GCSB incompetence or deception? What the Court affivadits show in the Dotcom spying saga


Did the Government Communications Security Bureau knowingly engage in illegal spying on Mr Dotcom, a New Zealand resident, or were they just incompetent? Were the Police, who requested the GCSB surveillance, co-conspirators in this unlawful behaviour, or were they also incompetent?

With the release of

Police and GCSB Court affidavits

to the Labour Party we are getting closer to the truth, but there are still pieces missing in this jigsaw puzzle.

A simple “incompetence” explanation is getting harder to sustain when you consider the following timeline:

9 December 2011: Detective Inspector Grant Wormald asks Immigration New Zealand for file information on Kim Dotcom and Mr van der Kolk.

14 December 2011: Wormald tells the two GCSB representatives at a meeting “that both Mr Dotcom and Mr van der Kolk were residing in New Zealand and were able to come and go, so they must have a form of residency” and, related to that, he “did not think it was possible for the GCSB to intercept either Mr Dotcom or Mr van der Kolk.”

16 December 2011: Police receive from NZ Immigration documents re the travel of Mr Dotcom and Mr van der Kolk. They show Mr Dotcom is listed as “resident” in his last two arrivals in New Zealand.

That same day the GCSB begins its illegal surveillance on Mr Dotcom, after a request from the Police.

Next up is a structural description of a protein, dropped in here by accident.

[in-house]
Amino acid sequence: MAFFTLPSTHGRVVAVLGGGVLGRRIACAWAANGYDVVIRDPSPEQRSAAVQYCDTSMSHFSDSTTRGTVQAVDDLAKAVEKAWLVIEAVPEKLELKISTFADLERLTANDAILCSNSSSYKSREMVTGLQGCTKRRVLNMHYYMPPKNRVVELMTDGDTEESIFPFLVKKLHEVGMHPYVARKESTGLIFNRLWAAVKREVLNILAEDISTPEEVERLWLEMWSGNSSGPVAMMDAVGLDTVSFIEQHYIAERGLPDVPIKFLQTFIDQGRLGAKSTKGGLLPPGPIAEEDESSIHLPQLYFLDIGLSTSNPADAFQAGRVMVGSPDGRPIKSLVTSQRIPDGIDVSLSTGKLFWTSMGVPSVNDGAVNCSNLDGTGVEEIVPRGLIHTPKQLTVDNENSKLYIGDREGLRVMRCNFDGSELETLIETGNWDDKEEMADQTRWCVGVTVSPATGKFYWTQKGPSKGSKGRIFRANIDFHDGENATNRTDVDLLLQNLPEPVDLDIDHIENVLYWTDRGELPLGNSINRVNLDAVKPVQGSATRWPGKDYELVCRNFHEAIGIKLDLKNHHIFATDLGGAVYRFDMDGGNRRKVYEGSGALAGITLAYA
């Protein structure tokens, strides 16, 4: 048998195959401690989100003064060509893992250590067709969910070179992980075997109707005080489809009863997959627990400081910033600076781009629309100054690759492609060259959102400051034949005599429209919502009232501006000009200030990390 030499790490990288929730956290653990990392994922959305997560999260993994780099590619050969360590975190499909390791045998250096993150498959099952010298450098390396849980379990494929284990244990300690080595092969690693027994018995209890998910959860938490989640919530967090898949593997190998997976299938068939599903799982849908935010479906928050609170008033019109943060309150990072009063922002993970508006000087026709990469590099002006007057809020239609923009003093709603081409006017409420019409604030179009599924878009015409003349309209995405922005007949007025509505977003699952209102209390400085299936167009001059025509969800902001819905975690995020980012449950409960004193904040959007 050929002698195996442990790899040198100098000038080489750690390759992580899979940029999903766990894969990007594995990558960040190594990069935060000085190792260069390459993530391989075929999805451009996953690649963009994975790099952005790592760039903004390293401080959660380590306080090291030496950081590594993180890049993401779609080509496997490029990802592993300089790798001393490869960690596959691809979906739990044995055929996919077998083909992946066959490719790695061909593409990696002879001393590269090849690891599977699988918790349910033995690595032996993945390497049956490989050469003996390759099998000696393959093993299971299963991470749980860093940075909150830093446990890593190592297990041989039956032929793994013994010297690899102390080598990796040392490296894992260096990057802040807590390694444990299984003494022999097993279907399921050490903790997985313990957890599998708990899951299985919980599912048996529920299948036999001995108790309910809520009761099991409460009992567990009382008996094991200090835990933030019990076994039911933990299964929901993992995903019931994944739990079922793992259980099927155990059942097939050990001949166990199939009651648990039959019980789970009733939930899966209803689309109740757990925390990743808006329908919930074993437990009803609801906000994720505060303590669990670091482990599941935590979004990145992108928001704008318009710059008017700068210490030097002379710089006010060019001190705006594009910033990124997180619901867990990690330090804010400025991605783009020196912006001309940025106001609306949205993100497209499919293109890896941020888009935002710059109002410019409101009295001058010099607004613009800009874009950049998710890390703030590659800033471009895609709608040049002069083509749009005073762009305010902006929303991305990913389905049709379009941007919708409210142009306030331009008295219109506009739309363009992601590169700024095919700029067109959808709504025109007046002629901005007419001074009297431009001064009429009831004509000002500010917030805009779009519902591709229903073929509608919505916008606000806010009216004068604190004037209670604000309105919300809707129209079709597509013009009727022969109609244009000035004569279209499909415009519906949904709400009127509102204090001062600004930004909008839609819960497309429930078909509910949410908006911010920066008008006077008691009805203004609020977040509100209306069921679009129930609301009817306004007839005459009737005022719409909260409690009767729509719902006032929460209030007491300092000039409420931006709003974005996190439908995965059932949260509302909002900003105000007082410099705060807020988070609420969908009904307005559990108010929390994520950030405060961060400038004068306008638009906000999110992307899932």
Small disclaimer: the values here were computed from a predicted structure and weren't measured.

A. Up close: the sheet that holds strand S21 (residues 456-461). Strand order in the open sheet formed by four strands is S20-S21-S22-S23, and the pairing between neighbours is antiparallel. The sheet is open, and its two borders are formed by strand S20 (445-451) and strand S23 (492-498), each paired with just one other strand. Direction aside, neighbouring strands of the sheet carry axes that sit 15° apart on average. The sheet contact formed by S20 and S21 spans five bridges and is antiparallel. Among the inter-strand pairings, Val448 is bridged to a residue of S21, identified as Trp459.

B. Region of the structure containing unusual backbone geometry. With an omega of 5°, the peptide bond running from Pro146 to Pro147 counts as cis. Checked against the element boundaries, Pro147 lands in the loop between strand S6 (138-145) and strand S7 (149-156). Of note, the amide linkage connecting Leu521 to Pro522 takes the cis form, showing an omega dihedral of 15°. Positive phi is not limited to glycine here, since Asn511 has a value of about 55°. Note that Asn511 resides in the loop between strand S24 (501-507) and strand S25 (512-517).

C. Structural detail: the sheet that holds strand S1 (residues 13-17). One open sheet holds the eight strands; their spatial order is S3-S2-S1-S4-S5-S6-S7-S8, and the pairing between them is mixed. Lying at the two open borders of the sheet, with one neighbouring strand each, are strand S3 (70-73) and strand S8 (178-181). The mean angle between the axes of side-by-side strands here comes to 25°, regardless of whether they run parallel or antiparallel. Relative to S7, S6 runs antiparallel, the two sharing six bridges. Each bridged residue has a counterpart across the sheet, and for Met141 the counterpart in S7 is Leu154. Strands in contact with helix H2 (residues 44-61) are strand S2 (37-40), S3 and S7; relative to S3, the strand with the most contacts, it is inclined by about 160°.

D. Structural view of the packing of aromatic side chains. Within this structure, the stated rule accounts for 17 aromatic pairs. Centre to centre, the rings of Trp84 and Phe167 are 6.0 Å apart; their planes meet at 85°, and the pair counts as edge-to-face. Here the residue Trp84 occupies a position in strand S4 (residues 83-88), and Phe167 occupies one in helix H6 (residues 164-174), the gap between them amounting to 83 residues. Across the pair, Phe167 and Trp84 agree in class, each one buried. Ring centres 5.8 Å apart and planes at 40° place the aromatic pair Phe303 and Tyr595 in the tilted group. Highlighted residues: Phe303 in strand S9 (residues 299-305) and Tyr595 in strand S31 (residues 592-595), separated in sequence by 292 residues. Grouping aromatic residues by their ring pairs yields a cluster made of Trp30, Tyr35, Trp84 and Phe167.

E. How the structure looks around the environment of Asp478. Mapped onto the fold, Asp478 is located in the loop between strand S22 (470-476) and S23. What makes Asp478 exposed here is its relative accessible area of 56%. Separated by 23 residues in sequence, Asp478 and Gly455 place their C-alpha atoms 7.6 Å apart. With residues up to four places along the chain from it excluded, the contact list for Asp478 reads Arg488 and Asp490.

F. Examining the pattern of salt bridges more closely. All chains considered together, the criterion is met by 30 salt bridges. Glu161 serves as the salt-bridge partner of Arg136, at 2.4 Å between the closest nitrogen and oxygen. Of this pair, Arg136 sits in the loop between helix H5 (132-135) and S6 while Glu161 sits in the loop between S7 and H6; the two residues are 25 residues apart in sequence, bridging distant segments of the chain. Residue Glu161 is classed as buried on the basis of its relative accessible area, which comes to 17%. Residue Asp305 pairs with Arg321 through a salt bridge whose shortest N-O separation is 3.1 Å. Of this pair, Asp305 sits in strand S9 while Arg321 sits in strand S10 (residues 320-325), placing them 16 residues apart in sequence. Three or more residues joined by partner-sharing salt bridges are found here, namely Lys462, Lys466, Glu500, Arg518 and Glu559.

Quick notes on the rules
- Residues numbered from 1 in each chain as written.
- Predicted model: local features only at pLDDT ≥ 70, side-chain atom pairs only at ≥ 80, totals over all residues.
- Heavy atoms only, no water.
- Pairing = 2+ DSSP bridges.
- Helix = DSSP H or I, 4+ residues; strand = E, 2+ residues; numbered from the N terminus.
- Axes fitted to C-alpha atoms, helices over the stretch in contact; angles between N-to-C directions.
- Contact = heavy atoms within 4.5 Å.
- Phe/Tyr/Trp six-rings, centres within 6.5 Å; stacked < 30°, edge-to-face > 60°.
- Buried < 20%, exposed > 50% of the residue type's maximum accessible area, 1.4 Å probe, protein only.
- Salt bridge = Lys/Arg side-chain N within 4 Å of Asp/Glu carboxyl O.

11 January 2012: Police receive NZ Immigration files on Mr Dotcom confirming he had been granted residence on 18 November 2010.

20 January 2012: Surveillance of Mr Dotcom is ended.

21 January 2012: Mr Dotcom is arrested.

16 February 2012: Detective Inspector Wormald is in a debrief with GCSB in which he observes that “It appeared to GCSB that the interception may not have been lawful because of their (Dotcom and van der Kolk’s) residency status.”

20 February 2012: GCSB admits that both the Police and media reports confirm Mr Dotcom’s residency status.

Despite all this the GCSB sends out an email on 27 February claiming the surveillance was legal. They claim that Mr Dotcom could be spied upon because he was a “Resident” not a “Permanent Resident” – when in the Immigration Act all residents are treated as permanent, with the same rights, and according to the GCSB Act they can’t be spied upon.

The GCSB also says in another email to the Police that “People here have been very relaxed about it all” and “Absolutely no further action [is] required.”

So take your pick. The Police and GCSB are guilty of gross incompetence, or they consciously misinterpreted the law to make everything right. Or they were guilty on both counts.

Looming over both agencies was the FBI, keen to get Mr Dotcom into custody.

For its part, the GCSB would have been a willing agent. It was created in the 1970s as a subordinate of the American National Security Agency, to extend the global reach of this giant electronic spying agency. NSA officers work within the GCSB and the NSA gives the GCSB the riding instructions for the operation of its main asset, the Waihopai satellite communications interception station.

There seems to be more oversight of our GCSB from American government than the New Zealand government. Our Prime Minister said it was ok that the GCSB didn’t tell him about its spying on Dotcom, because it was only an

“operational matter”


Under pressure, Mr Key now says he expects there will be a shakeup at the GCSB. But we need much more than that. We need a comprehensive independent inquiry, with public input, to critically examine not only the GCSB’s competence but also its worth to New Zealand.

[For more on the lack of accountability of the GCSB see my Op-Ed:

“Dotcom case shows the cost of spying is spooky”

published in the New Zealand Herald on 18 December 2012.]